I would also recommend you be wary of the  そば [soba] buckwheat noodles on sale at most supermarkets. Almost all of the brands I have checked contain wheat - it seems that the cheaper the brand the more wheat and less soba it contains. However, there is a brand that I have found in regular grocery stores in Nagoya with 10割そば [ju-wari soba] (100% soba) clearly listed on the label. I have also been able to find wheat-free soy sauce at the local su-pa.

Definitely be careful with curries... I have only found two brands so far that do not contain wheat. Look for Yamamori Thai Curry (clearly written in roman letters on the package) if you are looking for something wheat free.

At the moment I am mainly suspicious that I have a gluten intolerance and am looking for an actual diagnosis. Has anyone out there been tested in Japan? I think there must be a few celiacs around, as the wheat-free soy sauce I bought mentioned something about it being for people with a "wheat allergy."

I am thinking of doing a 人間ドック examination soon in Nagoya and getting everything checked out.

アドバイス please!

麦、小麦、小麦粉

All of the above represent wheat. Watch out, it may also be at the bottom of the label with something like...

のー卵、小麦、牛乳

Hope this helps.

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Last time I checked in March only 1 onigiri at family mart in Tokyo was gluten free. all at 7-11, daily yamazaki and lawsons had wheat or some type of mugi.

The wheat-free shoyu I had in Nagoya was made in Calif. by San-J which is San Jurushi a Nagoya Kaisha.

Your right about the soba and curry. Got so tired of trying to find juwari that I jsut get sobako and took a noodle class in Saitama so I make my own now. Curry too. Nice to know about the Yamamori Thai curry although I miss that quick S&B or House stuff at times.

At one time there waas a doctor at Jikei daigaku byuoin who knew about celiac but he left there. I read that in 2005 there were only 27 Japanese diagnosed celiacs. Last March at a seminar at Makuhari on wheat allergies there was considerable concern about the rise of Japanese children and especially babies with wheat allergies.

What do you do in Nagoya? Great city! Visit the Togokuzan fruit park if you havn't already. neat place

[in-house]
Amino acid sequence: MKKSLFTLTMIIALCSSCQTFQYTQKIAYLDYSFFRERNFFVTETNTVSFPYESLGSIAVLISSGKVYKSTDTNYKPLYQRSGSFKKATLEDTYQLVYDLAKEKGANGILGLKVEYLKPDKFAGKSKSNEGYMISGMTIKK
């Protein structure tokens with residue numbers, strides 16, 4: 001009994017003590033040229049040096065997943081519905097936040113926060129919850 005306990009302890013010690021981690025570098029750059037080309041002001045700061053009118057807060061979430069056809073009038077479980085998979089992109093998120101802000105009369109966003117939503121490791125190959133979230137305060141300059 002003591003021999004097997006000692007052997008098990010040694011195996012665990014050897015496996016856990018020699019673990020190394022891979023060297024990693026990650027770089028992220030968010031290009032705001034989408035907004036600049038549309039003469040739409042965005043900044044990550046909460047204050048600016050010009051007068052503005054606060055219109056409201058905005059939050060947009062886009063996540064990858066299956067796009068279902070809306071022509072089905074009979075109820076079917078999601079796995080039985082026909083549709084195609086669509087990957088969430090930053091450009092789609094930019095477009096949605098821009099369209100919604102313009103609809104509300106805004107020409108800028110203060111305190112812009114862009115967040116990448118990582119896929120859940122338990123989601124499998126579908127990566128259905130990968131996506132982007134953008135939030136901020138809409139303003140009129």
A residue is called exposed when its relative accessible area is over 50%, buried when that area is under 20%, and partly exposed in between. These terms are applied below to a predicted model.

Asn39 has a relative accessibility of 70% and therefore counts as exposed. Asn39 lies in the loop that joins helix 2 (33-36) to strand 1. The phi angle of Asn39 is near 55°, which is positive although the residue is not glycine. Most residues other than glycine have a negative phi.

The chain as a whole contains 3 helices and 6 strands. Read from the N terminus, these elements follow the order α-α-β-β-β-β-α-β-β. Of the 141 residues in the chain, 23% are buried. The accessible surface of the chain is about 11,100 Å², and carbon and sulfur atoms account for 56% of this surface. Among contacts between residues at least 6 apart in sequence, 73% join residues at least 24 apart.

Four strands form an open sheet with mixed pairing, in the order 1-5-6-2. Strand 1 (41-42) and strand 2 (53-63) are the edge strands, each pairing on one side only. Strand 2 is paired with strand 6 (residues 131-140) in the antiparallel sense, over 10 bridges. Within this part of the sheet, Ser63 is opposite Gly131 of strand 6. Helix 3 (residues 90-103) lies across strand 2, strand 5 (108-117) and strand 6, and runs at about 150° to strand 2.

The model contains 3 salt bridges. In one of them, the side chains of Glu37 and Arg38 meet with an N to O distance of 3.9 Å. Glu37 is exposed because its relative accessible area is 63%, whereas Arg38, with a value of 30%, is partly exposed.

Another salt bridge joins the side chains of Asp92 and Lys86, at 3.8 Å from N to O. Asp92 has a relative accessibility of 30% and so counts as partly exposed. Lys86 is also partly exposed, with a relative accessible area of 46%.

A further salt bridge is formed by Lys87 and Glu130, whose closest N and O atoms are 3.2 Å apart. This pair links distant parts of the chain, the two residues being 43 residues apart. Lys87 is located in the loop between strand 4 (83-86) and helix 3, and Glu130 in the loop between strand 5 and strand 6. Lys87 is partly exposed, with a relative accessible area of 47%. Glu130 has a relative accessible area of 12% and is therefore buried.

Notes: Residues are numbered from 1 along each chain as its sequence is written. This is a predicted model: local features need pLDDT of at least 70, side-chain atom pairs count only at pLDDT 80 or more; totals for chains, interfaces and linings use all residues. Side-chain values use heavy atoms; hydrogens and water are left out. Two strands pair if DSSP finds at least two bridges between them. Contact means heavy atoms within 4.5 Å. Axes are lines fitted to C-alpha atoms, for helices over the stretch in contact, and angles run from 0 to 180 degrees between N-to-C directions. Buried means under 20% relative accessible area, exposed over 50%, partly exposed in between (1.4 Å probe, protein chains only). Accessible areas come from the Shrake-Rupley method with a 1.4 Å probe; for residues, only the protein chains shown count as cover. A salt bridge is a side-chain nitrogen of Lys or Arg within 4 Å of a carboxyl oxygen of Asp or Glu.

Ken

Also beware of ???[zen-mugi] (whole wheat). As for convenience stores, I would recommend you be careful with most onigiri (rice balls)... I constantly check the labels and have found that most of them have a disclaimer saying "some ingredients may contain wheat" or something like that (mind you, my reading is still not so great).

I would also recommend you be wary of the ????[soba] buckwheat noodles on sale at most supermarkets. Almost all of the brands I have checked contain wheat - it seems that the cheaper the brand the more wheat and less soba it contains. However, there is a brand that I have found in regular grocery stores in Nagoya with ??????[ju-wari soba] (100% soba) clearly listed on the label. I have also been able to find wheat-free soy sauce at the local su-pa.

Definitely be careful with curries... I have only found two brands so far that do not contain wheat. Look for Yamamori Thai Curry (clearly written in roman letters on the package) if you are looking for something wheat free.

At the moment I am mainly suspicious that I have a gluten intolerance and am looking for an actual diagnosis. Has anyone out there been tested in Japan? I think there must be a few celiacs around, as the wheat-free soy sauce I bought mentioned something about it being for people with a "wheat allergy."

I am thinking of doing a ????? examination soon in Nagoya and getting everything checked out.

????? please?

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Hi All.

I live in Nagano and am on a gluten free diet too.

Last time I checked in March only 1 onigiri at family mart in Tokyo was gluten free. all at 7-11, daily yamazaki and lawsons had wheat or some type of mugi.

Lawson has 3. Sake (Salmon), umeboshi and sea-chicken (tuna).

All the rest tend to have 2, Sake and umeboshi.

Regarding Shoyu, there is a commonly available one available at

more and more supermarkets (here in Nagano anyway)

Look for this -> https://www.iy-net.jp/nsmarket/commoditydet...d=4901011108951

I put it in small bottles and take it with me when I go out...About the only things I eat out are

sushi and indian curry!

If anyone wants information of products they can have, including instant

ones like risotto, curries and stews, my wife (Japanese) has done an awful lot

of research over the past 5 years. There are very few things in our house that

have mugi in them now! The 100% soy-bean beer isn't too bad either!

We gluten-free people should get together sometime and exchange ideas.

Regarding celiac in Japan ,my wife's friend's father who moved to Australia was diagnosed.

Hence, it is in the DNA here too; most likely it is the low amount of gluten in the

diet that prevents an outbreak like in western countries. I see a lot of people around me

that I think should stop eating gluten but no one believes me!

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Thanks for the update on Lawsons.

Nagoya is a great city, One of the food companies there San Jurushi (San-J) makes the wehat free shoyu in the US but keeps some in Nagoya. They used to carry it at Nagoya eki matsuzakaya.